Moving on to scale. NPR reports that its member stations had 34.2 million weekly listeners in Fall 2014. In AudGraphics for PPM markets we see that listeners average 7 to 8 tune-ins per week. On the conservative side, that’s 240 million tune-ins per week or just shy of 12.5 billion tune-ins per year. That’s 12.5 billion tune-ins actually exposed to public radio content. Think of it as 12.5 billion downloads that actually reach the ears and often, the brain. It dwarfs podcasting.
That brings us to this from your response:
“Now we have this realization that when people are given a wide range of choices–hundreds of thousands of potential audio shows–they choose much longer stories,”
Again, a very strong, definitive statement here about listener preferences and what it means for the future of public radio. It appears that digital technology — the ability to choose your start time, to pause, and rewind — has made long-form content a financially viable segment of the “smart audio content” marketplace.
More important, we don’t know its impact on that marketplace. Maybe it will hurt just enough to cause financial disruption. Maybe it will grow the market rather than cannibalizing NPR and public radio stations.
What is highly unlikely is that “choosing much longer stories” will become the dominant listening behavior.
We know this because that’s not how people use radio in their lives. They use it to enhance the value of the time spent they doing other things. No one is going to shave 10 minutes longer in the morning because they are listening to a podcast. And driveway moments are notable because they are rare.
Our value proposition is not news or music or long form or short form. It is making people’s mundane moments more valuable by fitting enriching audio into their lives. Variety is also an important component of that value proposition. The people we serve want to *hear* about more than just one thing. There’s nothing in public radio’s new found success with long form podcasts to suggest it will change the fundamental ways in which people use audio.
Finally, if there’s any straw man in this this discussion it is this from your response Adam.
“As I remember discussing with you in the mid-’90s, for most markets data about anything other than drive-time was based on such small sample sizes as to be meaningless.”
I never said that. What I would have said is that analyzing the middays, evenings and weekend for many stations is often meaningless because the stations attract too few listeners to have reliable data on their station in those dayparts.
Please note the nuance. Arbitron’s sample sizes weren’t the problem, especially when looking at two to three consecutive surveys. There were enough diaries in the market to look at any daypart. The issue was that station’s programming was not attracting a sufficient number of diaries to analyze the audience of a program.
Dear Reader… if you haven’t had enough already, here’s something fun from 9 years ago. http://tinyurl.com/ngbcht5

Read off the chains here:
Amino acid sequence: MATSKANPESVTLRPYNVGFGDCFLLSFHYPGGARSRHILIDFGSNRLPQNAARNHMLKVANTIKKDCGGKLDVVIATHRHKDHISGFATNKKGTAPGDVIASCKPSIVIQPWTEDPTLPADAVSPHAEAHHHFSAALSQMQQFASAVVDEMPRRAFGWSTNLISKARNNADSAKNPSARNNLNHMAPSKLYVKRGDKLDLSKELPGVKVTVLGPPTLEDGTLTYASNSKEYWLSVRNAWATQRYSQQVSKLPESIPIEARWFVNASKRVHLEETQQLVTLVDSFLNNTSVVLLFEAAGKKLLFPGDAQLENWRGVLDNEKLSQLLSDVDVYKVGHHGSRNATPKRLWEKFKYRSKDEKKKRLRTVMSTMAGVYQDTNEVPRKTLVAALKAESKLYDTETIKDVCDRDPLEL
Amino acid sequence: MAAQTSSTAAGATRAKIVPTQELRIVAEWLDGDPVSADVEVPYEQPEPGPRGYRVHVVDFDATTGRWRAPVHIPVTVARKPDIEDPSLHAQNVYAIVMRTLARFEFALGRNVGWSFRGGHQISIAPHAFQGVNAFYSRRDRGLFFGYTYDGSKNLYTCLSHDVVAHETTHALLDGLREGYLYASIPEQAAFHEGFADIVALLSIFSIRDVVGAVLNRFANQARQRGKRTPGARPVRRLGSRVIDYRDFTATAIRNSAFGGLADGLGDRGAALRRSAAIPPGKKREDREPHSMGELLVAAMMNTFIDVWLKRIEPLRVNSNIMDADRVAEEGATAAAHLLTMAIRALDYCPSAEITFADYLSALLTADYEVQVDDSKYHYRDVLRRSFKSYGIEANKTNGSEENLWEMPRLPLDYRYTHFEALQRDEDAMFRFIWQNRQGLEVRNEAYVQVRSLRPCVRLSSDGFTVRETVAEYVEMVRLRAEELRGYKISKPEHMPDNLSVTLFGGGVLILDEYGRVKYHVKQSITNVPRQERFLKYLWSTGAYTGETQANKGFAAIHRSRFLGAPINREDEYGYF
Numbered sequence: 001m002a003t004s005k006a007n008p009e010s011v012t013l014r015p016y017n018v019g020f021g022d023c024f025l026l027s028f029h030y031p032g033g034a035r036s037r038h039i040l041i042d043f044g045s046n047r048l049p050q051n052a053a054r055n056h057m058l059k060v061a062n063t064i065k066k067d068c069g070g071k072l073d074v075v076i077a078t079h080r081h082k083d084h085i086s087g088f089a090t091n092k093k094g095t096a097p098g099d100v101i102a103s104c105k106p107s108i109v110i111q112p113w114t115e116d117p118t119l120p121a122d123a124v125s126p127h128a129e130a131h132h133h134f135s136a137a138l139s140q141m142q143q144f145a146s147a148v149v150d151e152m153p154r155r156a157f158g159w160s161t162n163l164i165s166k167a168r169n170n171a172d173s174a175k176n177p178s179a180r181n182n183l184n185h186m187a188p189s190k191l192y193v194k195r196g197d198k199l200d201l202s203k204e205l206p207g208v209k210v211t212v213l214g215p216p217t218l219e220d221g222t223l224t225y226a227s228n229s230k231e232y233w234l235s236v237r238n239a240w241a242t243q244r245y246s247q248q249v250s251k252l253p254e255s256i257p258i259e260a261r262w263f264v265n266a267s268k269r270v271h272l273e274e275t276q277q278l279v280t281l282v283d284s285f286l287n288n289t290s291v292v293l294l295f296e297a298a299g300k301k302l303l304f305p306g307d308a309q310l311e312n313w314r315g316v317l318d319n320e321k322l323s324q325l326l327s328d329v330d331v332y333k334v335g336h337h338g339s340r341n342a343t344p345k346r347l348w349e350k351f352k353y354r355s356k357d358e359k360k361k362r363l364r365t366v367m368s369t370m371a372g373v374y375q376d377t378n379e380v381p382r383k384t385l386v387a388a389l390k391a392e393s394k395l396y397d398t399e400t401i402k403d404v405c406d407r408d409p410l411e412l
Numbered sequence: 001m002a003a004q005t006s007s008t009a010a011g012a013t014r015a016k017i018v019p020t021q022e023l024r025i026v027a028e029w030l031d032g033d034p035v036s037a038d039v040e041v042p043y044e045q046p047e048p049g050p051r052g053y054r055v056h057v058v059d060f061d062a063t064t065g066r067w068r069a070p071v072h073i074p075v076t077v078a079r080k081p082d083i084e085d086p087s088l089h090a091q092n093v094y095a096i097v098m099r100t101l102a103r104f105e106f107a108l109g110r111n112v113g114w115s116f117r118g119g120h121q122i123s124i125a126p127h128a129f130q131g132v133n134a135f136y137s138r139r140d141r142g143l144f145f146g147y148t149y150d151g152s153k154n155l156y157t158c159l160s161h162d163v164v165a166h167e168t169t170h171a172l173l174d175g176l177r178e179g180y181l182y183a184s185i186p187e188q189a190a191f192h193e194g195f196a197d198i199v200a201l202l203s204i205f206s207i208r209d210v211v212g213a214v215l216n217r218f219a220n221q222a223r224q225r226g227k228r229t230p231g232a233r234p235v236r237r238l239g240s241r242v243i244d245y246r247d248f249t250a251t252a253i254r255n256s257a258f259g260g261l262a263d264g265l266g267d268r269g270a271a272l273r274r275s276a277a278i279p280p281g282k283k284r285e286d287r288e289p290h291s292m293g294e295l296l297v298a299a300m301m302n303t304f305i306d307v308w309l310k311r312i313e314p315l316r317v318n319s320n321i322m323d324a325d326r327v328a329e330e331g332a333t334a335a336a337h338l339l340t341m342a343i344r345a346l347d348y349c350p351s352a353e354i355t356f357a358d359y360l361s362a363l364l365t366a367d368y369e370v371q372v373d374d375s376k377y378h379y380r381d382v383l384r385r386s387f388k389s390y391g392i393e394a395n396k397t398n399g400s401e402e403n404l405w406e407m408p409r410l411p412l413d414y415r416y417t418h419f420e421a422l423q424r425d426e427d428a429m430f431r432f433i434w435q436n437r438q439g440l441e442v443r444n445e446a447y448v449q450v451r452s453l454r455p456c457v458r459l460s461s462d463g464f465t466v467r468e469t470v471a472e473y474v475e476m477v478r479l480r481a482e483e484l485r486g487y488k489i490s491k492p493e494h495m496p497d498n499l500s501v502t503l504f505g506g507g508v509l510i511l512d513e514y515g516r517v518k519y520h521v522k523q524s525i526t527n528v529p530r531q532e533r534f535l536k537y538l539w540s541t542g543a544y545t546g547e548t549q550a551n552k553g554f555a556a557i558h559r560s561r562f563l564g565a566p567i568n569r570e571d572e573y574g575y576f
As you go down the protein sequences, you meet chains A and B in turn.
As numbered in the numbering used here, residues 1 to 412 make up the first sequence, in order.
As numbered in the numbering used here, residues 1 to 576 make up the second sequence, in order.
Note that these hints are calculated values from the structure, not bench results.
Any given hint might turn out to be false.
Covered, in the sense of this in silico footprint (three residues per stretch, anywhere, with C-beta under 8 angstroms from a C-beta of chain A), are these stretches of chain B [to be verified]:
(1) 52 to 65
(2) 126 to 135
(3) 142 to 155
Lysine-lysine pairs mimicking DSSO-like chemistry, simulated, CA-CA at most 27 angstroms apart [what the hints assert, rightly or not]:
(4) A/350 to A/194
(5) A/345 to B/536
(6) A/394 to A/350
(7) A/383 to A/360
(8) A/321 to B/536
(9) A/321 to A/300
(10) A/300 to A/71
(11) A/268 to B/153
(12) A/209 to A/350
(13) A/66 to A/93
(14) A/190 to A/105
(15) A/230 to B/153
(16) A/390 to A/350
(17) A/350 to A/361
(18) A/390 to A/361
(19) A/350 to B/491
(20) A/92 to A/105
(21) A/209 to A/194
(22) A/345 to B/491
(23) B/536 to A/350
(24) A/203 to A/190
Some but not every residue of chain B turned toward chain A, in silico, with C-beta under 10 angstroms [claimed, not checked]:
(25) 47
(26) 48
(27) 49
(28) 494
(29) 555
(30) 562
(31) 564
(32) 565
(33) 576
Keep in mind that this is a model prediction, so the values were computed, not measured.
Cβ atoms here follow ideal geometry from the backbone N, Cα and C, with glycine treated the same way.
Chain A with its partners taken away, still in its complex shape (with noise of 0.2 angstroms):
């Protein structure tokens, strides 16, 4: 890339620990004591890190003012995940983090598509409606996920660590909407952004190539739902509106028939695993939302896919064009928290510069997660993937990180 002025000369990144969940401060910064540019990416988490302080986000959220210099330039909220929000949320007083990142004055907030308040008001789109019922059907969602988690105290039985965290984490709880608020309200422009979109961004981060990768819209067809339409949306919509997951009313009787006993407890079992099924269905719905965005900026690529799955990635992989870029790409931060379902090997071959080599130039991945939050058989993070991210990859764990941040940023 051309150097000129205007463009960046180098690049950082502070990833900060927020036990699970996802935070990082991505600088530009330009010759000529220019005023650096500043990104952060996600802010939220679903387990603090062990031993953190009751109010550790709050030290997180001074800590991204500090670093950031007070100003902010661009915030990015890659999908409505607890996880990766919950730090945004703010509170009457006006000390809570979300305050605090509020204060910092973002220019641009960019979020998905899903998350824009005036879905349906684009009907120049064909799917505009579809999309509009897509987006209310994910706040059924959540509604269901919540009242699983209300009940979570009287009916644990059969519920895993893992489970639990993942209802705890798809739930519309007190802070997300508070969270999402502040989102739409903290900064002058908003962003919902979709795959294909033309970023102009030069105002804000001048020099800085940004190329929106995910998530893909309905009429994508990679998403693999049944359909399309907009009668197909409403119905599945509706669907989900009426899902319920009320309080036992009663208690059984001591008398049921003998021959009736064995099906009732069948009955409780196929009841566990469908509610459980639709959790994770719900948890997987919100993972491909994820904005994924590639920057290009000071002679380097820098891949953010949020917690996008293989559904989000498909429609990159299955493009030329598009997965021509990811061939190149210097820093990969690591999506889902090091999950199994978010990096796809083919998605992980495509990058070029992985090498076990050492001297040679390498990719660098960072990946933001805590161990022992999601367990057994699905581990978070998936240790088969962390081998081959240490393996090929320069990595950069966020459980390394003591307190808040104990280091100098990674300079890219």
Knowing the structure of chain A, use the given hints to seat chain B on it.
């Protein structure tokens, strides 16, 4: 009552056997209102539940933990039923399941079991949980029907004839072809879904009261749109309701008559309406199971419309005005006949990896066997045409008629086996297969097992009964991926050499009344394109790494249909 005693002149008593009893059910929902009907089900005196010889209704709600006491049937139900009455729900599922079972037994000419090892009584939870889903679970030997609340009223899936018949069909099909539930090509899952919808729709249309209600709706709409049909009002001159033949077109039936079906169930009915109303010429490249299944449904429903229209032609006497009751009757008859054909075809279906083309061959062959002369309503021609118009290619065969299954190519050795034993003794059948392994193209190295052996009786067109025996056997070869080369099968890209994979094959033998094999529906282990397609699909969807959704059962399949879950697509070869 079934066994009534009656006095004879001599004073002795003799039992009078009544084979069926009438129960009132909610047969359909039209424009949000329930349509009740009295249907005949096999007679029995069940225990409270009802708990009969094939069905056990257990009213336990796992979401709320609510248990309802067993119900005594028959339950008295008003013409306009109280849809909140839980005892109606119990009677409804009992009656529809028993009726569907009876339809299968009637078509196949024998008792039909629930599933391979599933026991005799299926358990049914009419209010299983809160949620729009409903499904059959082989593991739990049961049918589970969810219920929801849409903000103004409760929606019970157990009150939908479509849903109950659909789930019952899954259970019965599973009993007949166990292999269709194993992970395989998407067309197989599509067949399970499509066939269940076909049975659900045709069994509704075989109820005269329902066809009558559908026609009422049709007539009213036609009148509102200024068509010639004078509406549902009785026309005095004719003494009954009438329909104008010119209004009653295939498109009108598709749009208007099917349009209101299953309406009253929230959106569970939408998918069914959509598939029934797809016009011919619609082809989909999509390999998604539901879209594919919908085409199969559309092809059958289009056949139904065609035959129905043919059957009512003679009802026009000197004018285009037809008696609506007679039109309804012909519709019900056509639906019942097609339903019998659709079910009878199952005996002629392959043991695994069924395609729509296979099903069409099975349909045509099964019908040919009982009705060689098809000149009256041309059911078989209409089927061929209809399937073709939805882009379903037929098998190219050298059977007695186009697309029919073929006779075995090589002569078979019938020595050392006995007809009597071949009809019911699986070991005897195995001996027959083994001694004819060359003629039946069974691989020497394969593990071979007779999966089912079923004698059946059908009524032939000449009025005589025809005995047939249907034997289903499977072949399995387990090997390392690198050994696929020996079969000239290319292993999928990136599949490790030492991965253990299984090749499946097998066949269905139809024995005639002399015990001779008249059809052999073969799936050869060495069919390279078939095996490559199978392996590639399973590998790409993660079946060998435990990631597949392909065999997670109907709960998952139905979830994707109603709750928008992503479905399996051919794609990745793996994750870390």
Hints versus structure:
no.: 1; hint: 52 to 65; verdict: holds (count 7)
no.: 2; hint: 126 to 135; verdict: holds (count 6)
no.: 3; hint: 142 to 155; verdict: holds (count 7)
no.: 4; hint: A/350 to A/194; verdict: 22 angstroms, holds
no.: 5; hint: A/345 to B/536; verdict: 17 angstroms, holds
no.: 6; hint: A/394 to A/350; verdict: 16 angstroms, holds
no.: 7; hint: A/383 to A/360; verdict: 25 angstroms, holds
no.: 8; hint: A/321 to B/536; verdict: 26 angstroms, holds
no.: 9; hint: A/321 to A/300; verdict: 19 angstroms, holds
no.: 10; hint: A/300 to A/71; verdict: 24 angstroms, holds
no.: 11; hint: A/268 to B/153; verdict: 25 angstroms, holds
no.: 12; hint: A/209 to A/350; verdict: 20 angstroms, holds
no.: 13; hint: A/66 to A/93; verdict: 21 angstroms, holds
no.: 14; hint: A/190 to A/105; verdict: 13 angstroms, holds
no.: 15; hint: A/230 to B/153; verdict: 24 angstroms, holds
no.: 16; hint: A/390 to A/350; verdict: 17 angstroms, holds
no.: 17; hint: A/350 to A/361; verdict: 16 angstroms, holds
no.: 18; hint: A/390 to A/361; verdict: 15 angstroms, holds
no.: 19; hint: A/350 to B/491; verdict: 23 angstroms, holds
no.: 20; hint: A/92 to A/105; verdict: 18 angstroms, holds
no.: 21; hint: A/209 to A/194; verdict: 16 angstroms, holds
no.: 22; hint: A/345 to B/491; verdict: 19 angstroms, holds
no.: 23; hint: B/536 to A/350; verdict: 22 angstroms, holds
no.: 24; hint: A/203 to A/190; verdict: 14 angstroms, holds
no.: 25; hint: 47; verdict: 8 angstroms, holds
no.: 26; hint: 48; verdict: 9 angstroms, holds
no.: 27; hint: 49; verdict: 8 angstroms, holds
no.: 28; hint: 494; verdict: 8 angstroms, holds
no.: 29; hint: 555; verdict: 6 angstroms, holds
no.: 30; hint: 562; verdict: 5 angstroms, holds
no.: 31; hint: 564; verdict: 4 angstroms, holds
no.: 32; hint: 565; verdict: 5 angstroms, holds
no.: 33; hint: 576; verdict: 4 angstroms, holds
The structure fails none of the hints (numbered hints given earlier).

*And there’s long been competition from personal media such as cellphones, CDs, cassettes, and 8-track tapes. We just can’t measure it.
Thanks for the thoughtful reply.
I think you’re right that the key here is to focus on:
1. Content producers.
I don’t think we can create programming that engages the audience with passion unless we create conditions for content producers to do their work with passion.
There is no way to have this conversation without saying what I think most people recognize: most of what comes out of the radio on NPR and other pubradio shows are not amazing and engaging. The content is, sometimes, great. But isn’t more often than not.
Whatever market dynamics existed in the past, they are different now. The audience can choose to listen to great content 100% of the time. That changes everything. While I agree that public radio, now, is an accompaniment to other activity, I would strongly argue that the best, most successful and most profitable programs in the future will be very much foreground shows that people listen to in a more engaged way.
Look at CPMs. NPR typically gets something around $2 (meaning they get $2 to put a sponsorship announcement in front of 1,000 people). That’s not so bad in a universe where web content gets pennies or fractions of a penny CPMs. But many of the top podcasts are getting CPMs of $50 or $100 or, even, $130. That means you can have a much smaller audience and make a lot more money and support a lot more production.
Those prices will, surely, fall as more top-quality podcasts enter the market. But I think they will always trade at a high premium over the broadcast content. By definition, broadcast has to reach a broad audience and that means it can rarely be any one group’s most passionate, engaged content. It’s just hard to create shows that have to reach 70 year olds in Alabama and 25 year olds in San Francisco and have both groups love it.
The economics of production at $50 CPMs is totally different from that at $2 CPMs. $50 CPMs means you can spend a lot of time crafting stories. It means you can hire the very best people in the world to help you. It means you can travel wherever you want and take risks and fail and throw out the bad stuff and spend more time creating great stuff. $2 CPMs, as we have seen over the last few years, is a company that needs to have mass layoffs, is in near constant turmoil, and is shedding its best talent. Now, even if the podcast CPMs fall, audience sizes for podcasting will continue to grow. The market is still in its infancy.